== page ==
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May 04, 2006

AMC means Always Messed-Up Cinema


The press release concerning American Multi-Cinema, also known as AMC, adding art and independent films to their theaters, is wrong. AMC has previously tried to showcase art and indie films in the past. My own experience with AMC is that given the opportunity, they'll bungle the job. This is based on my personal experience.

In the mid Eighties, AMC opened a theater in the Tivoli shopping mall near Downtown Denver. They had what they called the "Bijou" theaters as part of their twelve screens. As best as I could tell, "Bijou" refered to whichever theater was designated for the particular film. I have to admit that I saw some great movies: Bellochio's Henry IV, Rohmer's Summer, and Huston's Moulin Rouge come to mind. Not a lot of people saw the art or independent films there. My take is that seeing films at the Landmark theaters had become an ingrained habit for Denverites. Eventually, AMC discontinued the "Bijou" designation and left the art and indie film exhibition to Landmark. I read somewhere that according to AMC management, customers were confused by the "Bijou" designation and were baffled enough to buy tickets, but think the films were shown at another theater. In the convening years, the Tivoli went dark and is now run in conjunction with The Denver Film Society.

About ten years later, in late 1998, AMC tried again. With big fanfare, AMC reopened one of their multiplexes well south of central Denver and called it an "Artplex". Once the press releases stopped and the theater actually opened, AMC dropped the ball. Whomever was hired to be the projectionist either had a pathological hatred for films with subtitles, or was inept at his job. I had to walk out on Wild Reeds because the subtitles were shown below the screen. I was told that the correct lens was not available for the projector. Un Air de Famille, wide screen film, was projected in the wrong aspect ratio. Every time I saw a foreign language film, I had to get someone to fix the projection of the film, to make the subtitles visable, or simply get the film in focus. English language films usually had no problems. Although it was great to see Lady from Shanghai on a sort of big screen, the film began about five minutes before its scheduled start. Not too many people showed up, possibly due to the Landmark habit, the technical problems that always happened with foreign films, and the fact that there was no advertising. AMC hoped that simply reading the list of films at the theater would be enough, as if without advertising people would show up to see Lan Yu. I was often an audience of one. I did show up to the Three Stooges retrospective and can say with certainty that the bigger the Stooges are, the funnier they are. I discussed the situation with someone at AMC's headquarters who claimed surprise when I listed how many films I saw and how frequently things went wrong. I was disappointed that a couple of promised films never showed up, but was not surprised when AMC gave up on their "Artplex" experiment at the end of 1998.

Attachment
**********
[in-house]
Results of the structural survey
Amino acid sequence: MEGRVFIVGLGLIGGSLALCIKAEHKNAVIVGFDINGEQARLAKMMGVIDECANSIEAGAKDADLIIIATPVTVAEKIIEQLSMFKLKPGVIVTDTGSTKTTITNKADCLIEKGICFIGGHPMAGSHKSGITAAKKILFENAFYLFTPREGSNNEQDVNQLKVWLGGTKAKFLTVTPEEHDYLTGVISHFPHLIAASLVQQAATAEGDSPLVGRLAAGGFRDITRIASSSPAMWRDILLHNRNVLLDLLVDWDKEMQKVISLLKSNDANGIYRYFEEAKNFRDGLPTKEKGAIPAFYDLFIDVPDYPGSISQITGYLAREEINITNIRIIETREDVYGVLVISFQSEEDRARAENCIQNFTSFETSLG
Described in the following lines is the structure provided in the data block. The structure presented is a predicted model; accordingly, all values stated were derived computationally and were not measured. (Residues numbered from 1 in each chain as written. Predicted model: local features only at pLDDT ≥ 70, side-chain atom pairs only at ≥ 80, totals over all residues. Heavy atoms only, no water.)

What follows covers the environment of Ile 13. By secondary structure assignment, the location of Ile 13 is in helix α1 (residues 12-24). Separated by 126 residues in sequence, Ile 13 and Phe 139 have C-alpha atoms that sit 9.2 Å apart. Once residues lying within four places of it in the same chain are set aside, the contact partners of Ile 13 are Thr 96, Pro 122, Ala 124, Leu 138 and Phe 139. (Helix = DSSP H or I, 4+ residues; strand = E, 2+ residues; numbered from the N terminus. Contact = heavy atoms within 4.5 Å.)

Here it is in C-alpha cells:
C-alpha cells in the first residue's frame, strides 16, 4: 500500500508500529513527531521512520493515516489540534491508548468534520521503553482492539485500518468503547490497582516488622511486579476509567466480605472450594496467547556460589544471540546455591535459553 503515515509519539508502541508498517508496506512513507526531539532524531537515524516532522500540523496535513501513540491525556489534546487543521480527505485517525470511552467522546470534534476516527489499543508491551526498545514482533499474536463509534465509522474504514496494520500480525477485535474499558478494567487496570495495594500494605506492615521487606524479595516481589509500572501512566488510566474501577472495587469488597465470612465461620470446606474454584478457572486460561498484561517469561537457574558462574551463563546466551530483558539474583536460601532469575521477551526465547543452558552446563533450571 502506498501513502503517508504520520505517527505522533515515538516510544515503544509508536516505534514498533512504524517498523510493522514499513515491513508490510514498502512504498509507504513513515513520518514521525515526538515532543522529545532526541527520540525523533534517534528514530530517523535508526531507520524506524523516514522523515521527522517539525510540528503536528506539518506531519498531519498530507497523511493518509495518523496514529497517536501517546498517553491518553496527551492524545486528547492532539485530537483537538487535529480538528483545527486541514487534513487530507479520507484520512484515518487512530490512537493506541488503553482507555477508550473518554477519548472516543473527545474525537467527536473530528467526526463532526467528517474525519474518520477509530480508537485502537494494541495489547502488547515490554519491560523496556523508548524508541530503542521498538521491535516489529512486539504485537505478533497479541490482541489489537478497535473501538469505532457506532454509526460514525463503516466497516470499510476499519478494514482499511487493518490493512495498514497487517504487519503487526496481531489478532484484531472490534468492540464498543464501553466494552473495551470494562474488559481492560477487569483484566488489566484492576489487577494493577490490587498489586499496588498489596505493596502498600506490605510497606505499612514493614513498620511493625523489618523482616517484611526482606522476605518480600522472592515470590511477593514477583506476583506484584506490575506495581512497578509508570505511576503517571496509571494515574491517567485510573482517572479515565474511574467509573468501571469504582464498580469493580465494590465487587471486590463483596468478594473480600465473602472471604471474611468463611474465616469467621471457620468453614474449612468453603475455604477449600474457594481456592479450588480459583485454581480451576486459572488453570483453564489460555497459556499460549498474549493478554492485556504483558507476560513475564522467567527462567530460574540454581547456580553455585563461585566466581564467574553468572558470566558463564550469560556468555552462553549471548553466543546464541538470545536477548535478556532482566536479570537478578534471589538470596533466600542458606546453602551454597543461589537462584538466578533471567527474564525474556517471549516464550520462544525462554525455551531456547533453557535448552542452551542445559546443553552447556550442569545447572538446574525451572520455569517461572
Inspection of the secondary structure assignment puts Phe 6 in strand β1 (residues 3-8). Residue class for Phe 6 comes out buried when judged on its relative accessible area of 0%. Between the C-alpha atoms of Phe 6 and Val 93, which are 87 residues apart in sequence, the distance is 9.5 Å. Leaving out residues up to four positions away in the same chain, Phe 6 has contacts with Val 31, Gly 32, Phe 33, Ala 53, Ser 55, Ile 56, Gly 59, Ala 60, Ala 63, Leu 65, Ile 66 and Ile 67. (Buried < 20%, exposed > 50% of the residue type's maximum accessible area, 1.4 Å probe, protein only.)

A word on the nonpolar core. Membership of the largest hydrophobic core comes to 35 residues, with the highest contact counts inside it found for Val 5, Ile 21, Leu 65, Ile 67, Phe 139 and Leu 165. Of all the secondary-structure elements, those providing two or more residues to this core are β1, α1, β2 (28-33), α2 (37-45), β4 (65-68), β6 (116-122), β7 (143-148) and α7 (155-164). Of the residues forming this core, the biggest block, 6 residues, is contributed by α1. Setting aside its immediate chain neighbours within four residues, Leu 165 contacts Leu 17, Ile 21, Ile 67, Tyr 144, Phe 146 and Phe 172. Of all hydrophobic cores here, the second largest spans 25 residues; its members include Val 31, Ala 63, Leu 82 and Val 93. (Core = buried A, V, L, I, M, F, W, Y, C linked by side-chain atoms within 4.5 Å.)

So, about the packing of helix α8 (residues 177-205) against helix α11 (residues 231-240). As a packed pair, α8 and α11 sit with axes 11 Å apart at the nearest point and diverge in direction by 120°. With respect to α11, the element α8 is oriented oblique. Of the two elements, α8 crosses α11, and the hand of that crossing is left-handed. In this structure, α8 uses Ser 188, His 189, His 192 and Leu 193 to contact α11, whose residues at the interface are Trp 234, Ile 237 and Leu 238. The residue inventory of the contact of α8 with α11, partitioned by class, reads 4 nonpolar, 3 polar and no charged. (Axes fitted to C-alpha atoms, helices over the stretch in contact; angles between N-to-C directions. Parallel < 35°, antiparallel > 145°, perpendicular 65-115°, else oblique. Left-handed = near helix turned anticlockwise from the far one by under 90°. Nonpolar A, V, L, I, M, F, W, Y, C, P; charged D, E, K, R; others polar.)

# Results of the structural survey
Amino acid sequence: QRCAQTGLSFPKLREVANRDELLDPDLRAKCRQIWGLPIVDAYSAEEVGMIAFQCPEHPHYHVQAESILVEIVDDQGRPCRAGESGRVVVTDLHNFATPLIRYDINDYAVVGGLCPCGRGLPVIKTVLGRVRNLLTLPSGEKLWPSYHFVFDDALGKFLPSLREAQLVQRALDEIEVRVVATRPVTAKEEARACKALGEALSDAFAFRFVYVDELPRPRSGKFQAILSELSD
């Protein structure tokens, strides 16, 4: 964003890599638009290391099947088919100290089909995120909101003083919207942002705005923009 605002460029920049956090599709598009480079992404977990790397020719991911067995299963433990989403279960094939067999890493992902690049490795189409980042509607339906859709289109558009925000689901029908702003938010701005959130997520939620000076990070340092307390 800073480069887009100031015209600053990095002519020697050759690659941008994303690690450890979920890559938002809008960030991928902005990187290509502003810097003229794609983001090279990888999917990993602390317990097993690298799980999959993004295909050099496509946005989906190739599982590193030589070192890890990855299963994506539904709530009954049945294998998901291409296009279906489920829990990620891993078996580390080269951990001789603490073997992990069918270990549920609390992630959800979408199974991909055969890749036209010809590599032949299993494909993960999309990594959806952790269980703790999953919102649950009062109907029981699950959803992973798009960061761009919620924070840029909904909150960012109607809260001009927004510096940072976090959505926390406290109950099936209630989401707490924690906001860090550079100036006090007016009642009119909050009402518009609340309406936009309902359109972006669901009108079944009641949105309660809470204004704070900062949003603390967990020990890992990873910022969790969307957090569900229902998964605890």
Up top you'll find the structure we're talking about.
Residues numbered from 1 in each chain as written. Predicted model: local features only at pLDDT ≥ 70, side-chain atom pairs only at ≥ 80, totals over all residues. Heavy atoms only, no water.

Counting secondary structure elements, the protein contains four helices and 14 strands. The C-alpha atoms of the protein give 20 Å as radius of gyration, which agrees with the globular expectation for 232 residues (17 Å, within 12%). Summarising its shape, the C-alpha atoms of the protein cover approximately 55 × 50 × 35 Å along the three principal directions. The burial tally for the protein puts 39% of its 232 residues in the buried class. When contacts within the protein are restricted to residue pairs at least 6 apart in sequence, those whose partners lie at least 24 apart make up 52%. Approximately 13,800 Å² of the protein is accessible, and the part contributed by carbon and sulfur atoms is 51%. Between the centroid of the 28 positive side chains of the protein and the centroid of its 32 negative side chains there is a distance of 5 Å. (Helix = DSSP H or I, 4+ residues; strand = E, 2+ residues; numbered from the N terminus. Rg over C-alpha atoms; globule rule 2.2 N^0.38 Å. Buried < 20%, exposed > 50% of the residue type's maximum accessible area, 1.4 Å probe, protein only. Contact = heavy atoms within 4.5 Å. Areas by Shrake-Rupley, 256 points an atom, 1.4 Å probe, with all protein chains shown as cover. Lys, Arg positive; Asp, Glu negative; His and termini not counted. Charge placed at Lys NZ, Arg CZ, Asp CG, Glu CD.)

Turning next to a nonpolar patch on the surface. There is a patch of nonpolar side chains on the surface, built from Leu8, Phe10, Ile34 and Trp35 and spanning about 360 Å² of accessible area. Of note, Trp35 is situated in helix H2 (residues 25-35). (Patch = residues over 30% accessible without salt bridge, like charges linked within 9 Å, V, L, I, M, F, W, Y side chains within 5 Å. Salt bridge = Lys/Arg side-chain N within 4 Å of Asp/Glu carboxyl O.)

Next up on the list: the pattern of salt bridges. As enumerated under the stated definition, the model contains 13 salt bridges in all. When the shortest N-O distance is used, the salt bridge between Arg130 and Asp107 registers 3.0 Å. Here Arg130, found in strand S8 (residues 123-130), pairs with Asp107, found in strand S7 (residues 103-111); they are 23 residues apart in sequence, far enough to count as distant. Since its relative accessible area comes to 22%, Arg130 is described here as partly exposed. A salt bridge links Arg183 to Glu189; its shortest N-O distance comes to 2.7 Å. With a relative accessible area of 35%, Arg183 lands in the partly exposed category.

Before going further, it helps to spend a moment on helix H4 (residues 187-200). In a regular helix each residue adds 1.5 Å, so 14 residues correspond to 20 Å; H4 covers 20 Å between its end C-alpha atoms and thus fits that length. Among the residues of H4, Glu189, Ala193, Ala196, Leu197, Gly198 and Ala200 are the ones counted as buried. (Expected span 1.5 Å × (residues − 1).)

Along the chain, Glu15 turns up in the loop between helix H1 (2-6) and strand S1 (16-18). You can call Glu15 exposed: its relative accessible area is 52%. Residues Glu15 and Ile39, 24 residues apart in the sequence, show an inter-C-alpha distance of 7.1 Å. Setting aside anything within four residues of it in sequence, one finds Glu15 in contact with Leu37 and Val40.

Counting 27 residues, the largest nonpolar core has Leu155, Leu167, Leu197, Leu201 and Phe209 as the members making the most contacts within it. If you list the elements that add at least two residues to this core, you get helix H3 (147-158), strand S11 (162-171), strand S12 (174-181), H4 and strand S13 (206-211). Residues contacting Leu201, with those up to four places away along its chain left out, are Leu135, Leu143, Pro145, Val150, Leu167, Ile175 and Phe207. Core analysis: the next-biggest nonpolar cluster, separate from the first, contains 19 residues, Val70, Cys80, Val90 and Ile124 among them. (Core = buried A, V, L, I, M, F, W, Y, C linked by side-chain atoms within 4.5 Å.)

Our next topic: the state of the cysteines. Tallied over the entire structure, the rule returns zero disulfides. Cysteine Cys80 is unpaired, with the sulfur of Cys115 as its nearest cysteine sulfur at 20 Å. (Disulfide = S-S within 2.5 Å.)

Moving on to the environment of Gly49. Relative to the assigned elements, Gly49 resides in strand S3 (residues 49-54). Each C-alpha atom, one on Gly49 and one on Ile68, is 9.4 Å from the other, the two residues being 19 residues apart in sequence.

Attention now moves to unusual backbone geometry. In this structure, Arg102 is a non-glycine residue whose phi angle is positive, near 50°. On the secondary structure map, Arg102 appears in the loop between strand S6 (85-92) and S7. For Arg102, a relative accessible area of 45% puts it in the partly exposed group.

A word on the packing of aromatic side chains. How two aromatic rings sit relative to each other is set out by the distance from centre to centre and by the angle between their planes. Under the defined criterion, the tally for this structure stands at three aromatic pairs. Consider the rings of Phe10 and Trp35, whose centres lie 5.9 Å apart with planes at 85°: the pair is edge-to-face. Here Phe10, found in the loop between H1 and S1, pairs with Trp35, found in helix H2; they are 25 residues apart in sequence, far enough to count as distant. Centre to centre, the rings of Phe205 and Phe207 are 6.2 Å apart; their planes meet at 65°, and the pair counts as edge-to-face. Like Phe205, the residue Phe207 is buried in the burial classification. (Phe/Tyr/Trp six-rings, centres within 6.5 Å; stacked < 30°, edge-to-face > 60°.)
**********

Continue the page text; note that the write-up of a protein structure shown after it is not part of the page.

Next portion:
Now AMC is going to try again, ignoring their own history. That the new press release has been published with no one mentioning what AMC did previously indicates that I'm the only film blogger who has lived where AMC has theaters, or my memory is better than others. Will see how this new experiment works out. I'm giving AMC no more than six months before they go back to showing the same stuff as before in their glorified warehouses with movie screens.

Posted by peter at May 4, 2006 08:24 AM


I remember about 8 years ago when AMC announced with fanfare a series of classic films on the big screen. We went to see THE QUIET MAN and soon discovered that it was some crappy video projection, not the actual 35mm films. We walked out and got our money back. So I'm with you on AMC.

Posted by: tlrhb at May 4, 2006 10:16 PM

The program is rather laughable; the content thus far consists of Akeelah & The Bee and Friends With Money, the latter of which has been playing at AMC Theaters ever since it went into wide release a few weeks ago. Perhaps the company will expand their horizons to riskier titles, but I doubt it; more likely, they're just going to give the air of prestige to films they would have programmed anyway.

Posted by: David Lowery at May 6, 2006 01:42 AM